A cautionary tale on internet freedom carve-outs

A cautionary tale on internet freedom carve-outs
© Getty

Conservatives and liberals in the new Congress seem eager to continue a campaign against the rougher edges of the internet. But anyone seeking to hold internet platforms responsible for the problematic ways in which some people use them — through fake or biased news, incendiary speech, or even lawbreaking — would be wise to look at the history of such efforts.

1996’s “Section 230” of the Communications Decency Act is often credited as the law that gave us the internet. The legislative intervention protected early intermediaries including search engines, message boards, payment processers, and internet service providers (ISPs) from being considered “publishers” of their users’ content. This in turn protected internet platforms from legal liability when they inevitably could not (or would not) control the expression of millions of people.

ADVERTISEMENT

Today much of the Internet, from social media and search engines to review sites and comment sections, relies on user-generated content. This thriving ecosystem came about in large part because we correctly viewed online intermediaries more like distributors (think bookstores and libraries) than traditional publishers.

But as the Internet evolved, policymakers and the public increasingly questioned this protection.

At times in 2018, Section 230 went from an internet protection law to congressional leverage against “Big Tech” companies. In a series of hearings last year with various technology executives, Section 230 was blamed for everything from suppression of conservative viewpoints to sex trafficking to the opioid epidemic.

Yet all of these arguments illustrate that many in Congress do not appear to understand how Section 230 works, what it protects, or the potential damage that carving out too many exemptions could do to innovation and free expression online. More of this same tired thinking risks significant consequences.

Last year saw the passage of the Stop Enabling Sex Traffickers Act (SESTA), largely as part of an effort to take down the controversial classifieds website Backpage.com. It carved out an exception to Section 230 that created additional criminal and civil liability for sex trafficking. But rather than simply closing gaps in existing laws that prevented us from bringing bad actors to justice, SESTA’s overly broad provisions pushed some sex workers from cyberspace back to dangerous streets and made it harder to find victims online.

Sexual health educators and sex worker advocates have also found themselves silenced by various platforms, making their jobs more dangerous by forcing them back onto the streets without a way to safely share information. As Kate D’Adamo stated in an interview with the Daily Beast, “People are asking, is hosting this information going to put me in jeopardy? And we can’t really say no.”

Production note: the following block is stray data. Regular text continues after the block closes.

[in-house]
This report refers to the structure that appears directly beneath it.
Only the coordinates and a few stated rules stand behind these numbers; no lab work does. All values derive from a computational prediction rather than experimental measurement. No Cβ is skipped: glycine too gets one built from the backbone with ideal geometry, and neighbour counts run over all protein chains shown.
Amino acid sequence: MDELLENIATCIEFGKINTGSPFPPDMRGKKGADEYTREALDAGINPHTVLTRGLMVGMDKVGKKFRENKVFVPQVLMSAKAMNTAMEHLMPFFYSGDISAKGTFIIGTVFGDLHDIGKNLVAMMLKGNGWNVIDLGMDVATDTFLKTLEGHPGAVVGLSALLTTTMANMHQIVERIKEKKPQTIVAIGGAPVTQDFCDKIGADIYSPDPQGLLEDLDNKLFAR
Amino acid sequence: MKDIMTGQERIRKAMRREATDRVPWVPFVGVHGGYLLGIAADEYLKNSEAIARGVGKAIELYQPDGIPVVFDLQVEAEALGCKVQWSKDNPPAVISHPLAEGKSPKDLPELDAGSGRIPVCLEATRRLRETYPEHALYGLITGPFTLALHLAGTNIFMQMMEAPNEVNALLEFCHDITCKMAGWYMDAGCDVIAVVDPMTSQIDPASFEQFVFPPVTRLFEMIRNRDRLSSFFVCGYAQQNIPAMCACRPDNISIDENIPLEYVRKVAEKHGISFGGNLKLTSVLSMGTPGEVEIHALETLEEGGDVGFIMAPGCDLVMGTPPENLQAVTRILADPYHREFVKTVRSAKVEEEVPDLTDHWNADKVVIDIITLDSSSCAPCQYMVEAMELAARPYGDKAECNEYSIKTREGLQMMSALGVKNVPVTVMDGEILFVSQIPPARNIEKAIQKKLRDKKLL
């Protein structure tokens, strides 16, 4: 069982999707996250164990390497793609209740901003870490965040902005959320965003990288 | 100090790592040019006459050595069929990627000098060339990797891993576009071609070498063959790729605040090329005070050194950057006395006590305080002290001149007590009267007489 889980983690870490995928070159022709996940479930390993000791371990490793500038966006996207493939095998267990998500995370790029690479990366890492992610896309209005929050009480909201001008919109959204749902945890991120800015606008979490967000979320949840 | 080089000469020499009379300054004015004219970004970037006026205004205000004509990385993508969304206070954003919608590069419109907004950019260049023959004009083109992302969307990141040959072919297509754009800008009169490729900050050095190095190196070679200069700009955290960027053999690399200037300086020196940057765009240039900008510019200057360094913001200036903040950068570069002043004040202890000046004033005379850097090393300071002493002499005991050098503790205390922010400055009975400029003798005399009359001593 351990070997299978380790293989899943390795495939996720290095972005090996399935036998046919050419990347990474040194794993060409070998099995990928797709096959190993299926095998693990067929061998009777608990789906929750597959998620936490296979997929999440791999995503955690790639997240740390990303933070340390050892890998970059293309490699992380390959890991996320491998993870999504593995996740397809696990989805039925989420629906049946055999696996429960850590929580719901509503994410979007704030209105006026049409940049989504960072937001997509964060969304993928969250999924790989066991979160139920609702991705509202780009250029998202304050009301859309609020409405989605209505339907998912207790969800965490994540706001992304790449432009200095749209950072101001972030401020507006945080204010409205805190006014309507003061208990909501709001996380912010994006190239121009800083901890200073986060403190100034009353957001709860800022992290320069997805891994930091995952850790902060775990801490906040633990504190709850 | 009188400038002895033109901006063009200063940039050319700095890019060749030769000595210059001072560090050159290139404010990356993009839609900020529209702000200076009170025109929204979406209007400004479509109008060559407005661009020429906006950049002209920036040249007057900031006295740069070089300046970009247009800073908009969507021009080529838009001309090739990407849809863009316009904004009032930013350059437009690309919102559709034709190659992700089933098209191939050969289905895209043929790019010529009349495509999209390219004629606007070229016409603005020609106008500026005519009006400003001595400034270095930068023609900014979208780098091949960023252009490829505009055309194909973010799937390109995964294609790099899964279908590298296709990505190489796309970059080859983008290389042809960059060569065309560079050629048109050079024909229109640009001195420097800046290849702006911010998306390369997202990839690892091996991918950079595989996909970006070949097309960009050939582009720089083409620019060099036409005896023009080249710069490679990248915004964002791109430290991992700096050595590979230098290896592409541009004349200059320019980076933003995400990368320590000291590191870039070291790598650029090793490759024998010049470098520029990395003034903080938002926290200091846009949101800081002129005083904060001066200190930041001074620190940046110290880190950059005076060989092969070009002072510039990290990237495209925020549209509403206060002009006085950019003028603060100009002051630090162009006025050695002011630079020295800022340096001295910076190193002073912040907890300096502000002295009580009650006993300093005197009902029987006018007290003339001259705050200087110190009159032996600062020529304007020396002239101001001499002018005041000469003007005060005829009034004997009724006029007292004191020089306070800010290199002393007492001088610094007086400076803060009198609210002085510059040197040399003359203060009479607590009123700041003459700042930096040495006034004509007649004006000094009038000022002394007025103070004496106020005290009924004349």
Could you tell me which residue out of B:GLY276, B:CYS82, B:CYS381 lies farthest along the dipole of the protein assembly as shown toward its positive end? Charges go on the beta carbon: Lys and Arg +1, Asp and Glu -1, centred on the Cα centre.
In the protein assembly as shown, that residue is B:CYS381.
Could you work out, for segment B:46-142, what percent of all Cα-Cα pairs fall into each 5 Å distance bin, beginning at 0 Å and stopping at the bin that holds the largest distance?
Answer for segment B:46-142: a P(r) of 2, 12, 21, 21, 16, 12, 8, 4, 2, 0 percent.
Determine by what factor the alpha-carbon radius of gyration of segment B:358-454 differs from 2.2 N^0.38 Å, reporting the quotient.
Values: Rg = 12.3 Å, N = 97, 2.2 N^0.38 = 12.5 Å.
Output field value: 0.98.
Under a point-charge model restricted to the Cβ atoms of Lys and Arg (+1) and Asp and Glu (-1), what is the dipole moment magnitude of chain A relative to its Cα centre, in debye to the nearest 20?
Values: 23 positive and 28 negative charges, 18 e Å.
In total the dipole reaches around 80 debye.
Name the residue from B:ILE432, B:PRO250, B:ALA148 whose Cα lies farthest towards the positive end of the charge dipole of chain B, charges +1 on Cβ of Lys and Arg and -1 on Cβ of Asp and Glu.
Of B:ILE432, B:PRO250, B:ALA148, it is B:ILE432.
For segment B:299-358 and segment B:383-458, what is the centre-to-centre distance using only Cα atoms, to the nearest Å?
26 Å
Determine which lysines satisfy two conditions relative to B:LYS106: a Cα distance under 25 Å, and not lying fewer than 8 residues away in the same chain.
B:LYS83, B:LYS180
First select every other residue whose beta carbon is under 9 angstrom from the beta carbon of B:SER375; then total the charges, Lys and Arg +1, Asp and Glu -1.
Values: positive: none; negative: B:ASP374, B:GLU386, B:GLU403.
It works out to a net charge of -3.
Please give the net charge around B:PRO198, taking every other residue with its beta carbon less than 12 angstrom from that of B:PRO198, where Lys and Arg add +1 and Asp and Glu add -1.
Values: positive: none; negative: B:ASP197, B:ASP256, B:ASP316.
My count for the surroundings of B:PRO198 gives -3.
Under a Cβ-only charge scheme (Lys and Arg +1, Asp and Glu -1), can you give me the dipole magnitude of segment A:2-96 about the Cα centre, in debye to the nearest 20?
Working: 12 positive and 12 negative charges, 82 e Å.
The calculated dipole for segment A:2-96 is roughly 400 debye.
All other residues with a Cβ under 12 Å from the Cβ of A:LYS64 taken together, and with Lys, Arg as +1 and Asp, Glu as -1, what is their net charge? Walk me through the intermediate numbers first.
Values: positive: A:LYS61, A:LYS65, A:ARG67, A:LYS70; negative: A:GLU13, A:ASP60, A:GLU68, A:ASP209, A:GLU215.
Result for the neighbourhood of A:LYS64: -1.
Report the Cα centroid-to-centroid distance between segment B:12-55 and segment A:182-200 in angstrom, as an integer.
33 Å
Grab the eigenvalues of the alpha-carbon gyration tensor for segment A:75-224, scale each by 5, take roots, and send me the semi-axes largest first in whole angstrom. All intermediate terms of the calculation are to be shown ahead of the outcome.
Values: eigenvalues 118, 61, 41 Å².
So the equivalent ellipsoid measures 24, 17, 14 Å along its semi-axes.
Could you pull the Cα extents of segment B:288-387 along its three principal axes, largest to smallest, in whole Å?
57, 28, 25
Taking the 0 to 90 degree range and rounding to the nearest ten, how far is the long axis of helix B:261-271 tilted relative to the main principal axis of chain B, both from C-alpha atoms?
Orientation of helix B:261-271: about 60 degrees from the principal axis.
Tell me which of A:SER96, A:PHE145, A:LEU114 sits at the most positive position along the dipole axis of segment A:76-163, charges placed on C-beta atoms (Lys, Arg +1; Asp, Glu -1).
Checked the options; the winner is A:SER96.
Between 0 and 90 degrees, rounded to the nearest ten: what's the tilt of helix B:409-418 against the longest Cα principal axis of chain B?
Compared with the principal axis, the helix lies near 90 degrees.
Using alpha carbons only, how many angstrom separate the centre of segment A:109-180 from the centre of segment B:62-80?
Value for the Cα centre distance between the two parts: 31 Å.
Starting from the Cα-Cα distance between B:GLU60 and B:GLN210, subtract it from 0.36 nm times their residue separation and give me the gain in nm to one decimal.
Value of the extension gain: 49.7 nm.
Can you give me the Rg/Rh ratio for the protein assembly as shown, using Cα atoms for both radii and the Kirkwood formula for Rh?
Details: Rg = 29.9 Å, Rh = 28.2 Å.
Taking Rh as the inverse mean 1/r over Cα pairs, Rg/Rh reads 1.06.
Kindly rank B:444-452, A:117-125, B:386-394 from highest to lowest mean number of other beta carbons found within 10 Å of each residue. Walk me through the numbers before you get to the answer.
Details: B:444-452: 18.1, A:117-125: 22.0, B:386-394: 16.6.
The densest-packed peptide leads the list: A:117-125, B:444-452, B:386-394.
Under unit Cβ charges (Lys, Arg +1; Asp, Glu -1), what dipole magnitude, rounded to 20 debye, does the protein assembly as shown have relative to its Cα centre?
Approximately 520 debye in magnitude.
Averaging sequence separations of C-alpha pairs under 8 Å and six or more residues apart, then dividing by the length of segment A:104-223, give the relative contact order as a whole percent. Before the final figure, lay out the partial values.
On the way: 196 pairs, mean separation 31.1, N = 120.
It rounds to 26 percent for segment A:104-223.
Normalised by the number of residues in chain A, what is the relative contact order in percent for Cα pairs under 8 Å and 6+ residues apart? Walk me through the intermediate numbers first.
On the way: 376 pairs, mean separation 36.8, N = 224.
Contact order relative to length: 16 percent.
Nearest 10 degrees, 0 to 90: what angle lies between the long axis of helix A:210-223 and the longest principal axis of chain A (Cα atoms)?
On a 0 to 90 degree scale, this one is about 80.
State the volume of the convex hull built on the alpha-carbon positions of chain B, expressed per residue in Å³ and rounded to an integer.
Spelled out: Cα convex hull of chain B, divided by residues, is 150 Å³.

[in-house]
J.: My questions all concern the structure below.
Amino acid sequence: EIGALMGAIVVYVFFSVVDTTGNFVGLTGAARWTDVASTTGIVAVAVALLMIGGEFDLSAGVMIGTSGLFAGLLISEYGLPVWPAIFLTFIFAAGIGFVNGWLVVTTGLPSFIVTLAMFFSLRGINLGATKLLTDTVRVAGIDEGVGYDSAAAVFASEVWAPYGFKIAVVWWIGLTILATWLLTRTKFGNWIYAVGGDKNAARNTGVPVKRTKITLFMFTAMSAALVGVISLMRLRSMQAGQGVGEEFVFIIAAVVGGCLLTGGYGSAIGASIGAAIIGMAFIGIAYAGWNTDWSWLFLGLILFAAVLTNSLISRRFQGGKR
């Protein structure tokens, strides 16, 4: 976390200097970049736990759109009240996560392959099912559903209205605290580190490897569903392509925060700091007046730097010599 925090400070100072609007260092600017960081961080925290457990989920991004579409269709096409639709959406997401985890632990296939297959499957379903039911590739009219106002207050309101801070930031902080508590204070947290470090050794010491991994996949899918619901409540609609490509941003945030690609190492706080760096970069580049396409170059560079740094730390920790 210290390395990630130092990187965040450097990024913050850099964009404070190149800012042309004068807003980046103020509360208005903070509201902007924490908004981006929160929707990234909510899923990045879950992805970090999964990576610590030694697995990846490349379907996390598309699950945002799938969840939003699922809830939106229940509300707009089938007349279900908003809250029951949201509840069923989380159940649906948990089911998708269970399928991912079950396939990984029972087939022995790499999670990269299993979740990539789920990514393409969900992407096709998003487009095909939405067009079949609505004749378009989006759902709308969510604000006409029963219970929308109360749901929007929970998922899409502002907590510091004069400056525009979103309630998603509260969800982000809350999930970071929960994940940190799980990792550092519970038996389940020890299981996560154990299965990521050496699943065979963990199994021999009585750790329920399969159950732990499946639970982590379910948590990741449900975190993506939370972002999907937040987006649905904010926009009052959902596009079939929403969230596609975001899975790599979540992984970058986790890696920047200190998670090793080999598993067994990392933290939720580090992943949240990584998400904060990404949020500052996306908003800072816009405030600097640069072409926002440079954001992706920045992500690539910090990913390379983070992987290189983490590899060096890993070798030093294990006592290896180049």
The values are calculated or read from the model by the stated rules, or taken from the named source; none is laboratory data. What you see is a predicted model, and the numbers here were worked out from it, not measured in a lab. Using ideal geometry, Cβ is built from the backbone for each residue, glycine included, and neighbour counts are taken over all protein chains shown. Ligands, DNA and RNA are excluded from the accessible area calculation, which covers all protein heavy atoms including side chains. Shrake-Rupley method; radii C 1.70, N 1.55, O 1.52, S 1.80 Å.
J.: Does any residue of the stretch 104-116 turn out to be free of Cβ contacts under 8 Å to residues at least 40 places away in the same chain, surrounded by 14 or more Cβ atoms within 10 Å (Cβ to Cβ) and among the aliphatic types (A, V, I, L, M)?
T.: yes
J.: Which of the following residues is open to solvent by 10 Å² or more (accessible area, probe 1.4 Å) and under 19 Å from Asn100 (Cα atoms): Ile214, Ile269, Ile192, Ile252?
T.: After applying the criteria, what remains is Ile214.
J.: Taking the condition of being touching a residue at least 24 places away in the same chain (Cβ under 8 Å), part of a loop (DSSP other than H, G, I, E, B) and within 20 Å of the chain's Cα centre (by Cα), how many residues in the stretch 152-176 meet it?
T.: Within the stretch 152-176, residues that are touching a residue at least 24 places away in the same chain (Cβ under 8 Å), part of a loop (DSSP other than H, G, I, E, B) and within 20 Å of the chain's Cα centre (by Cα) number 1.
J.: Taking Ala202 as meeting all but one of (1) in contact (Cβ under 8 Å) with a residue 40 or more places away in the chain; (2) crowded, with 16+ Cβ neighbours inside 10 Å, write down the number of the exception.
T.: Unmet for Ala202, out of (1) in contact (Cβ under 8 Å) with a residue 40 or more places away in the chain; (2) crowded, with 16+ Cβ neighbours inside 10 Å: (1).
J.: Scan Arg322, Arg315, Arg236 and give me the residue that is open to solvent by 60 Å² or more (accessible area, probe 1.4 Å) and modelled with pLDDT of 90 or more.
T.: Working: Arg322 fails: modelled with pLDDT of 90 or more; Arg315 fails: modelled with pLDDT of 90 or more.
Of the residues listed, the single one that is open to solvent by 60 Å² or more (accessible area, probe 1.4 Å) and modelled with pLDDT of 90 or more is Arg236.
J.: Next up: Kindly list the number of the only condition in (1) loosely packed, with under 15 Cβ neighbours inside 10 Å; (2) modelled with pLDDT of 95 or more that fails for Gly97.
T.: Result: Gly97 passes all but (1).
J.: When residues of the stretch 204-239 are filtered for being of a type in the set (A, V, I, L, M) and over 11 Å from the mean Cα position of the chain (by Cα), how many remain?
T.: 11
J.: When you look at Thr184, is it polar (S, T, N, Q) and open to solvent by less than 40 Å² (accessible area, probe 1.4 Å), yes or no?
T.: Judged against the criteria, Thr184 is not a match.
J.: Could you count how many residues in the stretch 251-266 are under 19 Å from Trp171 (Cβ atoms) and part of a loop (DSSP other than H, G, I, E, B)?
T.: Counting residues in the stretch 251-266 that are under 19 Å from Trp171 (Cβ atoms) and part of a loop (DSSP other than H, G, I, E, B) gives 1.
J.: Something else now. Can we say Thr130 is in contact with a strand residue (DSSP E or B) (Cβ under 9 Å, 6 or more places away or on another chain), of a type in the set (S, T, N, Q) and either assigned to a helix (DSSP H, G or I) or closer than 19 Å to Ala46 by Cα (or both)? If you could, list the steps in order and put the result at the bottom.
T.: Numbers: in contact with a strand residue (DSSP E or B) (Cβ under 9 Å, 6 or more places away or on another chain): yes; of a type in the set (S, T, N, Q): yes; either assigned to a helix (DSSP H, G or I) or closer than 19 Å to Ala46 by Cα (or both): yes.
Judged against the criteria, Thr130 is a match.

In the months since SESTA became law, it has become increasingly clear that such carve-outs cannot be contained merely to bad actors. They have chilling, silencing effects on legitimate and valuable speech. A SESTA for the opioid epidemic would likely have similar far-reaching effects by silencing legitimate speech and preventing people from sharing resources that help address the problem. 

SESTA also showed how carve-outs to Section 230 are often unnecessary. Several law enforcement agencies were able to take down Backpage.com for actions related to sex trafficking before SESTA was signed into law. Most of the proposed exceptions targeting criminal activity like drugs or terrorism are similarly redundant.

ADVERTISEMENT

Section 230’s valuable protections allow content moderation decisions and liability protection not only for social media, but also for information resources like Wikipedia, review sites like Yelp, and even the comment sections of personal blogs or news sites. The owners of these platforms can choose how to moderate without fear that such decisions might land them in court, while knowing full well they have an obligation not to knowingly profit or facilitate illegal activities.

As journalist Elizabeth Nolan Brown points out, “If you set up a site that said ‘Sell your illegal opioids, sex-trafficking victims, and human kidneys here!’ it would not benefit from Section 230 protection, even if users are the ones directly selling these things.” 

Existing tech giants have the resources to handle the costs of each additional carve-out. But newer, more innovative entrants seeking to enter the market often do not, and that could cost us the next Yelp or even Facebook. Newer, better, more innovative platforms might never get off the ground due to liability concerns or the need to focus resources on content moderation rather than on the user experience.

The United States has been a leader in innovation thanks in part to Section 230 and the way it maintains a marketplace of ideas online. We can’t blame the law for the bad parts of the Internet unless we’re willing to give it some credit for helping to develop a wide variety of world-changing online products and communities.

Jennifer Huddleston Skees is a research fellow with the Mercatus Center at George Mason University. She has a JD from the University of Alabama School of Law and and a BA in political science at Wellesley College.